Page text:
When BMW first launched the X6 many people, myself included, wondered what the point of it was. Who needed a coupe SUV or, as BMW termed it, a sports activity coupe (SAC)? It had terrible boot space, limited rear seat space and lacked all the practicality of the X5.
Then they started appearing in the night, leaving nightclubs at closing time. Kitted with big bling wheels and wearing a matte black wrap, the X6 became the symbol of the night, the bouncer of the SUV market. It had attitude and many people wanted one to match their personality, or at least give the impression that they reflected the attitude of the car. No-one admitted to it, though. I have a friend who asked me to guess what car she had bought. A Range Rover, I answered. No. Then like a discreet drug dealer in an alley, she lowered her voice and whispered: “A BMW X6.”
That was the thing about the first generation of the X6. It had no practicality, you could barely see out of the rear window and it had more blind spots than an armoured personnel vehicle. But it was unique and it had attitude. It was a cool take on the SUV genre and unless you had 2.4 kids and a dog, the lack of practically could be ignored. It was also dynamic. I went to the original launch in Spartanburg, South Carolina in the US and threw it around a proving ground where its ability appeared to defy the laws of physics.
So it was that I found myself back in Spartanburg for the launch of the second generation. At this point I could make this article very short. After conversations with a few experts from BMW at the launch I asked the question: “So it’s an X5 coupe then?” German engineers hate it when you see through the marketing hype. They look at the floor as though they have strict instructions and then the answer came: “Ja”.
So there you have it, the new X6 is the X5 coupe. This is not surprising given the company has renamed the 3 Series coupe as the 4 Series. Being a five-door though, the X6 should have been called a X5 Gran Coupe to match the naming conventions of other models. There are some differences, although less than with the original generation. Now the front looks even more X5 and the side profile has lost the sharp rake of the coupe line in the original. This has been done to improve boot space and rear headroom, although I still found my head touching the roof in the rear seats.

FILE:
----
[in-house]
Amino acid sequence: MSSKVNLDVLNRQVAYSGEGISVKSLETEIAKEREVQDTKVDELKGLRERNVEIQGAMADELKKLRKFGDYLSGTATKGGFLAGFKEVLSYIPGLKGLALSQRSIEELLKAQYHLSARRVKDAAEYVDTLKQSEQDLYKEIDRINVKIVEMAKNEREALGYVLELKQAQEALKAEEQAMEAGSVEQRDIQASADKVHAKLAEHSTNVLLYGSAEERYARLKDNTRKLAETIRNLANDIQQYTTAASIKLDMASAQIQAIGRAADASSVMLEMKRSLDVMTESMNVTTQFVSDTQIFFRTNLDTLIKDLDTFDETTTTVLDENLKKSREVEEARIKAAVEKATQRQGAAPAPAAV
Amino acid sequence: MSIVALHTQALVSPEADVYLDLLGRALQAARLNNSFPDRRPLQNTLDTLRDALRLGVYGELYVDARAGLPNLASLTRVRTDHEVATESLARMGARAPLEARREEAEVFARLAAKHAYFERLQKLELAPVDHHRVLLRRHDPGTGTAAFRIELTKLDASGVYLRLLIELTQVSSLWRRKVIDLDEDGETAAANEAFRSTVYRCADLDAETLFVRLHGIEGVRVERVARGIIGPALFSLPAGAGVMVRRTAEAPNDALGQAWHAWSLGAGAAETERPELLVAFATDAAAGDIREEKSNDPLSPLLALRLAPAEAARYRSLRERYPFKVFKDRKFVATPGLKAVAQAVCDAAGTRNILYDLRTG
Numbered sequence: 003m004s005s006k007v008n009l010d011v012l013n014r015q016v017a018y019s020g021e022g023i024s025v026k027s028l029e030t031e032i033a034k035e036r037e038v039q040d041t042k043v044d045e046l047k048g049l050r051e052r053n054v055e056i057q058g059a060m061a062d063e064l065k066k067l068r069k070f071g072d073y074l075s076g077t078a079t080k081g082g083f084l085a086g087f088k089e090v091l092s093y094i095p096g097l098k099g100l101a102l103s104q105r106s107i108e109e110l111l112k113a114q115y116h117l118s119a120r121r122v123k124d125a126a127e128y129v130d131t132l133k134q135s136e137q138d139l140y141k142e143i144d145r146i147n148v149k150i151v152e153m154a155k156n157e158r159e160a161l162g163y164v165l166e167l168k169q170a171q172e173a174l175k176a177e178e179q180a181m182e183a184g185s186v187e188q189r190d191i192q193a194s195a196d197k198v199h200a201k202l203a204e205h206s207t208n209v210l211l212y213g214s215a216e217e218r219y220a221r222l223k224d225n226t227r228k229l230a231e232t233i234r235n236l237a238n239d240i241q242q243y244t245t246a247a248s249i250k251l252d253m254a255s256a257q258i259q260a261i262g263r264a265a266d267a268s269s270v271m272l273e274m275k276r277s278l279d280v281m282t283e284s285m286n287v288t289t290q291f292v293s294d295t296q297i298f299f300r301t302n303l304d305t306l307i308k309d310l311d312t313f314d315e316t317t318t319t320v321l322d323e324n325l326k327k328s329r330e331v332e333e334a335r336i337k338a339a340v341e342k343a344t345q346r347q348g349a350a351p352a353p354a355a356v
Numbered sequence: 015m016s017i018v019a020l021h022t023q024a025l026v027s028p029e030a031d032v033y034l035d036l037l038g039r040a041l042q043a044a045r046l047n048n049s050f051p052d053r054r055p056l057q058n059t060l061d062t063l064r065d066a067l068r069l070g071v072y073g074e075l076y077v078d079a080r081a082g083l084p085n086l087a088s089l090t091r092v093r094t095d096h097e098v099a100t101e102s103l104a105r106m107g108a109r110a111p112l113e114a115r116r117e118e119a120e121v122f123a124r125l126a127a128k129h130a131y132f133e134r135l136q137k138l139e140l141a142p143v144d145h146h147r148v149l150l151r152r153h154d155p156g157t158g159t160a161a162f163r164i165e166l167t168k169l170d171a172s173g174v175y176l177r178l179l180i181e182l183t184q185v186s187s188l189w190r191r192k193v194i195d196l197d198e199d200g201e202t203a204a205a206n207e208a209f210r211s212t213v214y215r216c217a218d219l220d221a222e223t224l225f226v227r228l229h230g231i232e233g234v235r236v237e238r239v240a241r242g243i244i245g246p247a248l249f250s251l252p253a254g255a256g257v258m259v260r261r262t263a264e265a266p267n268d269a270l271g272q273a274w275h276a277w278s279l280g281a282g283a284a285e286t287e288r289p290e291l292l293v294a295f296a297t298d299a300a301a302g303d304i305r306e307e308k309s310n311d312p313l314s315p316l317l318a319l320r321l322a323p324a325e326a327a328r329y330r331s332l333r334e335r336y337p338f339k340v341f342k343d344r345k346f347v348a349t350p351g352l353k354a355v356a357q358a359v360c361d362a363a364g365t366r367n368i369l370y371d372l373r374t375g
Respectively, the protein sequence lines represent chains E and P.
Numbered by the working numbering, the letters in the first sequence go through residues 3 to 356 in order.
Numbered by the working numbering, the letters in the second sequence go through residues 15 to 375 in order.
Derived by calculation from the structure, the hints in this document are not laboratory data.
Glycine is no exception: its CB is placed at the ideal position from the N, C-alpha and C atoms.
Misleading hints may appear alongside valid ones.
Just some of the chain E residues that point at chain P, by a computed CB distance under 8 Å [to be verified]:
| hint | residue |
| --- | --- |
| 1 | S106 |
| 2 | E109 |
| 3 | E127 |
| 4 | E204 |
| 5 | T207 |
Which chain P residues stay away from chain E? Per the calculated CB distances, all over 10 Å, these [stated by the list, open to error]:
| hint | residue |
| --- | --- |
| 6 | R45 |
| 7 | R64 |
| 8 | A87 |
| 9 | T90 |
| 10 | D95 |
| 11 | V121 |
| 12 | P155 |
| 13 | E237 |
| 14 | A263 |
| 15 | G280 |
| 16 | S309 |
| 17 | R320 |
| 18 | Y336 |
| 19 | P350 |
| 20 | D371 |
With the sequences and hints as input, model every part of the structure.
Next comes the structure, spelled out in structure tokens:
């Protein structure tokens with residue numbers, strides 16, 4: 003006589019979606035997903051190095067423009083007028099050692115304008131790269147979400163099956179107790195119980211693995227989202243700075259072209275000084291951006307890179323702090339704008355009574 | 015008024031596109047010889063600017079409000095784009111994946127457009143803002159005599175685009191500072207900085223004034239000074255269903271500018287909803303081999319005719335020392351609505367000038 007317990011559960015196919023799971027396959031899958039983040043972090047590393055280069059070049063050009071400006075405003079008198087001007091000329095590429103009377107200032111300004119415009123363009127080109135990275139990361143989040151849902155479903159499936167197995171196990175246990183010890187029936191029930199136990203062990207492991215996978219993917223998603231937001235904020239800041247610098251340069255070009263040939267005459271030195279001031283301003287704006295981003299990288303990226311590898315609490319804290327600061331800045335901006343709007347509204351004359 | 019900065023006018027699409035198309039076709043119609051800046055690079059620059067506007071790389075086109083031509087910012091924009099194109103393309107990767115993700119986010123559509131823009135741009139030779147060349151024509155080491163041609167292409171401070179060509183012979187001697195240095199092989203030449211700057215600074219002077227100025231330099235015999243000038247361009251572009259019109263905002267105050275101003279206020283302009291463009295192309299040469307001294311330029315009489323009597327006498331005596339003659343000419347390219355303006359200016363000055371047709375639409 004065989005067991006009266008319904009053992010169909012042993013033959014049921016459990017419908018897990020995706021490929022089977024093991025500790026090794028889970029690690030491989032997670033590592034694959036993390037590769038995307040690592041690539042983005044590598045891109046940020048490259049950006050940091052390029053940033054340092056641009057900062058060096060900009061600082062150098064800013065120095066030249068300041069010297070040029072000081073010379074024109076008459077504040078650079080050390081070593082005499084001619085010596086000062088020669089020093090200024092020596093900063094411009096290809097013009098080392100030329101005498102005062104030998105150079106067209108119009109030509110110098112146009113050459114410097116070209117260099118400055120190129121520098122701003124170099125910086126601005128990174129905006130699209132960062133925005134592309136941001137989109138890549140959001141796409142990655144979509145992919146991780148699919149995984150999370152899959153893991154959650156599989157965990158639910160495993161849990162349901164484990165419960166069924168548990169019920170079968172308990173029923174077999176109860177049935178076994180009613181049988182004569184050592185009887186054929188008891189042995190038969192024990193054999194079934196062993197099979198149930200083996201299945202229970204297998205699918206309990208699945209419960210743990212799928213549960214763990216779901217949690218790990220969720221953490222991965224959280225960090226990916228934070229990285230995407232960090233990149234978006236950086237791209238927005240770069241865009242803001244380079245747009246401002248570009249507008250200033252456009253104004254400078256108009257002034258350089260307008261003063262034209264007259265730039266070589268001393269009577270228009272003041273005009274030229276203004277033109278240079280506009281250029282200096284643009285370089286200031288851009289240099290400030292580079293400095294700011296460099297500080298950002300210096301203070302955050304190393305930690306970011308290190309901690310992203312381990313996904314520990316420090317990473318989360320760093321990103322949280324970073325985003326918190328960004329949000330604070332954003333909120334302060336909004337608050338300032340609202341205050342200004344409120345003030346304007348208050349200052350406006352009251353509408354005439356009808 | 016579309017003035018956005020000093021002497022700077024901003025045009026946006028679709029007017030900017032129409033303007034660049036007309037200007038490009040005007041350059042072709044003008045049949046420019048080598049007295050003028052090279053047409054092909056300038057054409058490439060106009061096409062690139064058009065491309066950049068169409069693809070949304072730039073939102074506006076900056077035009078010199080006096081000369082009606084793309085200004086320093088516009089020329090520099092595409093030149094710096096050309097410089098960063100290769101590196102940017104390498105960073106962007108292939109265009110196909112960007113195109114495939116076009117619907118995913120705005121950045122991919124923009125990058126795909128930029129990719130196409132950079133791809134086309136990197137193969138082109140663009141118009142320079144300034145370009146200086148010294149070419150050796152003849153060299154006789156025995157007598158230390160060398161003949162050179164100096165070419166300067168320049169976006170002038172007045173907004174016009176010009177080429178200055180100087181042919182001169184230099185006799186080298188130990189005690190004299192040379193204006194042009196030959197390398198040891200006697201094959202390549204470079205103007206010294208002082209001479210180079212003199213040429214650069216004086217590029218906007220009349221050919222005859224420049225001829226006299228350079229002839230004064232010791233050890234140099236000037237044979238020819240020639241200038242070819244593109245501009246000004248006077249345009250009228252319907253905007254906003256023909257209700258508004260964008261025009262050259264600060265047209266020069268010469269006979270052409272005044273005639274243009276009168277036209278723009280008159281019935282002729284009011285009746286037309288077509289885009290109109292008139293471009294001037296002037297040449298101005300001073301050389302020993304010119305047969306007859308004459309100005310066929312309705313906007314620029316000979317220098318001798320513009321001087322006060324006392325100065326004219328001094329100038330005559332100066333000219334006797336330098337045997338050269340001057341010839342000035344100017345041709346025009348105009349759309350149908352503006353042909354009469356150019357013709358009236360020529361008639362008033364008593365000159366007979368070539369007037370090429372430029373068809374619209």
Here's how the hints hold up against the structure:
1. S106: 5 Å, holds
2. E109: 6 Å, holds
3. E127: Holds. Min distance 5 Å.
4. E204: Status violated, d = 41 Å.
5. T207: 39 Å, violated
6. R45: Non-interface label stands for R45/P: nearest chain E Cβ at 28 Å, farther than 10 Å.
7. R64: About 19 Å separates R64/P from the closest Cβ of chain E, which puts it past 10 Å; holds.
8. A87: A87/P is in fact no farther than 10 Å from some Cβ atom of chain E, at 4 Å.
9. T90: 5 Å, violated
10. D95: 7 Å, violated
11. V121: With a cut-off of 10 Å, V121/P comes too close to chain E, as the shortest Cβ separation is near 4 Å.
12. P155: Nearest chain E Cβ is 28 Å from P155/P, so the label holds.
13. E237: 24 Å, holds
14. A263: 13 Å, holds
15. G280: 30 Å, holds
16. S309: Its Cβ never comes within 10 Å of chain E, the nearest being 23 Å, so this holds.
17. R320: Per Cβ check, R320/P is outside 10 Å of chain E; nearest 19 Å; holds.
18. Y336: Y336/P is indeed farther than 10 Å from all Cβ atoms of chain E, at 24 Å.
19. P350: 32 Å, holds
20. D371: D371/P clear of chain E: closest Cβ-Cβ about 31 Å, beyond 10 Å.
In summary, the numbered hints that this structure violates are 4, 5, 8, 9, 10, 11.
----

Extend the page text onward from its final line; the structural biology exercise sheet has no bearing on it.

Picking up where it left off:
The boot space still looks the same as that in a sedan and because of the coupe line tailgate you cannot stack to the roof practically unless you have something triangular shaped like a giant wedge of cheese. The rear window is larger to improve visibility and you get new tail lights and obviously a different rear to that in the X5. Inside you get, well, an X5 really. You do get the option of a digital dashboard which changes themes depending on which mode you are driving in between Eco Pro, Comfort, Sport and Sport+.+
The new X6 might lack some of the attitude of the original, but the flip side is that it is now a little more grown up. It is like the bouncer who went to Harvard to get a degree in management sciences. It has a more refined look, but it is more executive than before. It is still not for the family exec though; if that is you then stick with the X5, the Range Rover Sport or the Porsche Cayenne. There is one major characteristic it has retained. Peter Wolf, senior vice-president of product lines and grand series at BMW AG, said the new model is “the sportiest member of the X family”. And he is right, although both an X5M and X6M are on their way.
The chassis has been tuned to be more dynamic than the X5 and it has an upgraded version of the X5’s eight-speed gearbox that will be rolled out to other models soon. There are various packages available which will include items such as a Dynamic adaptive suspension package, a Comfort adaptive suspension package and a Professional adaptive suspension package. The drive through North and South Carolina included some twisty mountain passes but, conscious of the possibility of a patrol car hiding round the next corner, it was mostly done at the mandatory 55mph speed limit so no sign of the dynamic nature there.
Then we hit the proving ground. Including a skid pan, slalom course and handling track, the X6 was chucked around like a race car and did not falter once. I spent my time in the M50d which with its 280kW and 740Nm provided immediate response and a fair dose of oversteer and understeer, particularly in Sport+ mode. It is always a thrill to throw a big SUV around a racetrack and going right back to the original X5, these models have always been at their best in this environment.
The new X6 will arrive in SA in February 2015 and there is one final issue, the price. It might be more X5 coupe than before but it will carry a price premium over its X5 sibling. Indicative pricing will see the range start at R955,503 for the xDrive 35i, to R1,332,540 for the xDrive M50d.